The Rotorua Salvation Army is starting off 2022 welcoming its new corps officer Hana Seddon to the city. Rotorua Weekender caught up with Hana this week to find out more about her previous work and what she is looking forward to with her future work in Rotorua.
Tell us about yourself/your background
Ko wai au? Who am I?
On my father's side I have whakapapa to Ngāti Ranginui, Ngāti Pūkenga, Ngāi te Rangi and Te Rarawa.
On my mother's side I have Irish heritage.
I was born and raised in the Hutt Valley, in a Christian whānau.
My mother had a really strong faith that got her through many tough times, and I learned a lot about resilience from her.
My family taught me we should always look out for others, not just for ourselves, and to always do the right thing for the right reasons.
In my teenage years and my 20s, I took a bit of a detour and got lost in alcohol and drugs for a while.
My two beautiful children were born during that time and I raised them as a single parent. They are now in their 20s and are doing really well. I miss them so much now that I've moved here without them.
The story of how I came to The Salvation Army goes back to 2004.
I actually broke my leg one drunken night and was stuck at home for six weeks.
In that time, I reflected on my life and how I wanted so desperately for it to be different. For the first time in a very long time, I prayed that God would help me find a new path. Instead of going back to my corporate job after my leg healed, I went to Te Wānanga o Aotearoa to study social work for the next four years.
In 2005 I started a placement at the Salvation Army in Upper Hutt and ended up working there. I have been with the Army ever since.
I gave up drinking and a bunch of other things and started to live a very different life.
In 2011 I moved into fulltime ministry as an Officer (a minister/leader) in the Salvation Army and I'm so grateful for what that has opened up.
Over these past 18 years, I have had the opportunity to work Community Ministries, Reintegration Services, the Bridge Programme (addiction treatment), Recovery Church, Emergency Services and Māori Ministry.
In all of these places I have seen what is possible when there is aroha and manaakitanga and a willingness to work together in unity.
I absolutely love learning and caught the study bug from Te Wānanga o Aotearoa.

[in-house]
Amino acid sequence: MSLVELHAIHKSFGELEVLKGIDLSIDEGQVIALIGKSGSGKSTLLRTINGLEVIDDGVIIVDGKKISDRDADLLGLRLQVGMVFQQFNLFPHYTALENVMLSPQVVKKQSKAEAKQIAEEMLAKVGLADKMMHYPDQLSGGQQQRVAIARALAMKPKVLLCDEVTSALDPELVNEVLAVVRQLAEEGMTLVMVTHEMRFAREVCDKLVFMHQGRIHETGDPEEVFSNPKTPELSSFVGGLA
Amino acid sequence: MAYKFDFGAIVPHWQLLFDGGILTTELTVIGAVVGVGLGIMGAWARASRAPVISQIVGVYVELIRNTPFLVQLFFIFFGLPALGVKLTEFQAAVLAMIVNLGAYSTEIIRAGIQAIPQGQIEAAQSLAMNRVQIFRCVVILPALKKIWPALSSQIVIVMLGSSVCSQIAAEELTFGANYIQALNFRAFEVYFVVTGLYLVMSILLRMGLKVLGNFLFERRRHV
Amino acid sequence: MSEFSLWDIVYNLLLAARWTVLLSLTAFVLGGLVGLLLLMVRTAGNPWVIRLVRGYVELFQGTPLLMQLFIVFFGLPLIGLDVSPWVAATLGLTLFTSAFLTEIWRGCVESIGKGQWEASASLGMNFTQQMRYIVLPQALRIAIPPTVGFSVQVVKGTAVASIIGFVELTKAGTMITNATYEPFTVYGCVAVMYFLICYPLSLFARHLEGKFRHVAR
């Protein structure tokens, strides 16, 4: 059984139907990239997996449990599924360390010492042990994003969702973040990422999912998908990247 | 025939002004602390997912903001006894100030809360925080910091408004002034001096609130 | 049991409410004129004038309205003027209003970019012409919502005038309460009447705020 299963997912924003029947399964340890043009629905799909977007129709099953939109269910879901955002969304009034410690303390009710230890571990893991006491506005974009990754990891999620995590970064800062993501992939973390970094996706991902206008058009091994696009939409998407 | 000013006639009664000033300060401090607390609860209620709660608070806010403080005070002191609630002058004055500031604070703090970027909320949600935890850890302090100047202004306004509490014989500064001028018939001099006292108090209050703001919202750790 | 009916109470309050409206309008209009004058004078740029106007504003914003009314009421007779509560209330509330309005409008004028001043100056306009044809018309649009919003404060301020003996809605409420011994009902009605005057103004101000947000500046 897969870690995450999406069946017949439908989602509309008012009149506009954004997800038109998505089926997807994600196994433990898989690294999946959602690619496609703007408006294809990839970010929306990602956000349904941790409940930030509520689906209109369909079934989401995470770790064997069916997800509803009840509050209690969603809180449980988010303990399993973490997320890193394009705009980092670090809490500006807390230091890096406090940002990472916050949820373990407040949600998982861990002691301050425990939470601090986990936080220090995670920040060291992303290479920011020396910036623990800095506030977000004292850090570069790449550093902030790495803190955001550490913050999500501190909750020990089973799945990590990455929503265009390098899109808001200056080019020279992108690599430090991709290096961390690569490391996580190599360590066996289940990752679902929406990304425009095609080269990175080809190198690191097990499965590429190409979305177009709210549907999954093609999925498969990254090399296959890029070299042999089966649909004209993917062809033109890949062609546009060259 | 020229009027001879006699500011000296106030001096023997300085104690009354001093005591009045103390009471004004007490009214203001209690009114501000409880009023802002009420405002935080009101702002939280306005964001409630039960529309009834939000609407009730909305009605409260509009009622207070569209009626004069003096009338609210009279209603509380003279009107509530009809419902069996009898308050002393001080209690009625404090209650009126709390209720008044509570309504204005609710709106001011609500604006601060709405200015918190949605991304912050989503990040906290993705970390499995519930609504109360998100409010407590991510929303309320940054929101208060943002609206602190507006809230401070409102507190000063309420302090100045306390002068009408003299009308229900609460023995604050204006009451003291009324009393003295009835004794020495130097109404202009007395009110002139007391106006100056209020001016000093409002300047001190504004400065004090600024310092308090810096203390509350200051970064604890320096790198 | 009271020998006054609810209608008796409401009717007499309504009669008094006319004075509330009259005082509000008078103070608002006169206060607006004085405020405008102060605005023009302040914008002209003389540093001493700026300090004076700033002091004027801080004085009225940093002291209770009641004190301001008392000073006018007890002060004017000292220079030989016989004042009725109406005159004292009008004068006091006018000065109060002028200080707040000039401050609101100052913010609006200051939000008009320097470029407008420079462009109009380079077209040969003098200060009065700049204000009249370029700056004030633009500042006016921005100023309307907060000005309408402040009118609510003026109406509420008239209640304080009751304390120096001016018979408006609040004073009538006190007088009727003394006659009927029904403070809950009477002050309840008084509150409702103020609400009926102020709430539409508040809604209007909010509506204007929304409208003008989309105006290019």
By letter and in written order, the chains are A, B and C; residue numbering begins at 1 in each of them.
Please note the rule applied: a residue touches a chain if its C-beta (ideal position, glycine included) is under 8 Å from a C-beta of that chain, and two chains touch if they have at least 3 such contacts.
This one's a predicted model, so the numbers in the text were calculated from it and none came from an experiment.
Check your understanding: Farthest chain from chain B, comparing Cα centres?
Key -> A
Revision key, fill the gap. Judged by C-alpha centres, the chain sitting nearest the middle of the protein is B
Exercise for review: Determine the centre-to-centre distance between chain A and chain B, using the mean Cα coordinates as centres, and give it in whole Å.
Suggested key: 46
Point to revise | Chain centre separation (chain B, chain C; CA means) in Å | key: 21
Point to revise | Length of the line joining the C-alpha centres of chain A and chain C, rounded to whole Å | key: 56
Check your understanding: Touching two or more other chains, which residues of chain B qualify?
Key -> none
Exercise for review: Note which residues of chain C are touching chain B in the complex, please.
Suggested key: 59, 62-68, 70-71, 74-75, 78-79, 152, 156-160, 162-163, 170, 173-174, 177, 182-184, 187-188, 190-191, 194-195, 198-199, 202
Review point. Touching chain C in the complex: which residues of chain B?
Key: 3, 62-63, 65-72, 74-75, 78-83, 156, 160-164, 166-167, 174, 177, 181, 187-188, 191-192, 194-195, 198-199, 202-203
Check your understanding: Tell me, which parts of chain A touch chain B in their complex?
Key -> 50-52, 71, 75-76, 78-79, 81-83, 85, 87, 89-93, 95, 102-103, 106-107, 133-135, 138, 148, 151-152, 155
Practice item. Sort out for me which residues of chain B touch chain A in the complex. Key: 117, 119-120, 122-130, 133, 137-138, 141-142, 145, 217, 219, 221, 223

I studied Public Health and it helped me to see how the wider systems, structures, and policies impact on wellbeing in communities.
Now, my current study focus is on faith and theology from indigenous perspectives.
I also enjoy helping others to learn and hope to start a weekly class soon, teaching waiata and te reo Māori to whānau connected to the Salvation army.
I hope we can open that up to the wider community too if others are keen to join us.
How did you feel when you found out you would be making the move to Rotorua?
When I found out last year that the Salvation Army wanted me to come to Rotorua, I felt really grateful and excited about whatever lies ahead.
Even though I haven't started yet, I have already felt the love from so many people here in this beautiful place.
After four months of lockdown in Tāmaki Makaurau and singing by myself in online meetings, I have appreciated these opportunities to sing and sit alongside others again.
From my understanding, the corps (church) in Rotorua was first established in 1897 by Ernest Holdaway and the Māori ministry team at that time.
Tāngata whenua (people of the land) and tāngata Tiriti (people of the Treaty) worked together to meet the needs of the people in those times.
In these days, there are still so many pressures and challenges to navigate together.
I acknowledge Captains Ralph and Kylie Overbye and their children, as well as the wider team and faith community of the Salvation Army Rotorua for all of their dedication and hard work over many years.
Their support and encouragement has been so helpful as I move into this new season.
Are there any particular hopes or goals you are stepping into the role with?
The Salvation Army's mission is to care for people, transform lives and reform society. That is the mission I am committed to.
It can be incredibly hard work at times, but it is also incredibly rewarding.
As I take time to settle here, I know it will take some time to build relationships and to understand how I can support what is already happening here in Rotorua.
We are also looking at the possibility of starting a Recovery Church service one night a week, for those wanting to find freedom from addiction, in a safe and supportive place.
A lot of people have already been asking for us to look at ways of supporting tamariki and rangatahi, with youth groups and so on. So watch this space!
As the church starts to grow and more whānau come and fellowship together, my prayer is that we will be a church that moves out beyond the four walls of the building on a Sunday morning and out into community where we are needed in everyday situations.
My prayer is that we will know that loving God, means loving others.
My prayer is that we will stand up and lend our voices, our strength and our resources for issues that really do matter, regardless of our different backgrounds and beliefs.
Is there anything else you would like to add?
Following a pōwhiri on Saturday, January 22 I will begin my new role, and will be leading my first Sunday service on January 23 at 10.30am on the corner of Pukuatua St and Amohia St.
Under the Orange Traffic Light setting, our services will be open to anyone, but at this stage, they're limited to 50 people.
We hope to livestream services for those who can't come along. Check out our Facebook page for more details or contact us on (07) 346 8113 or firstname.lastname@example.org
I feel blessed to be serving here in Rotorua, in Te Arawa, and look forward to connecting with you along the way.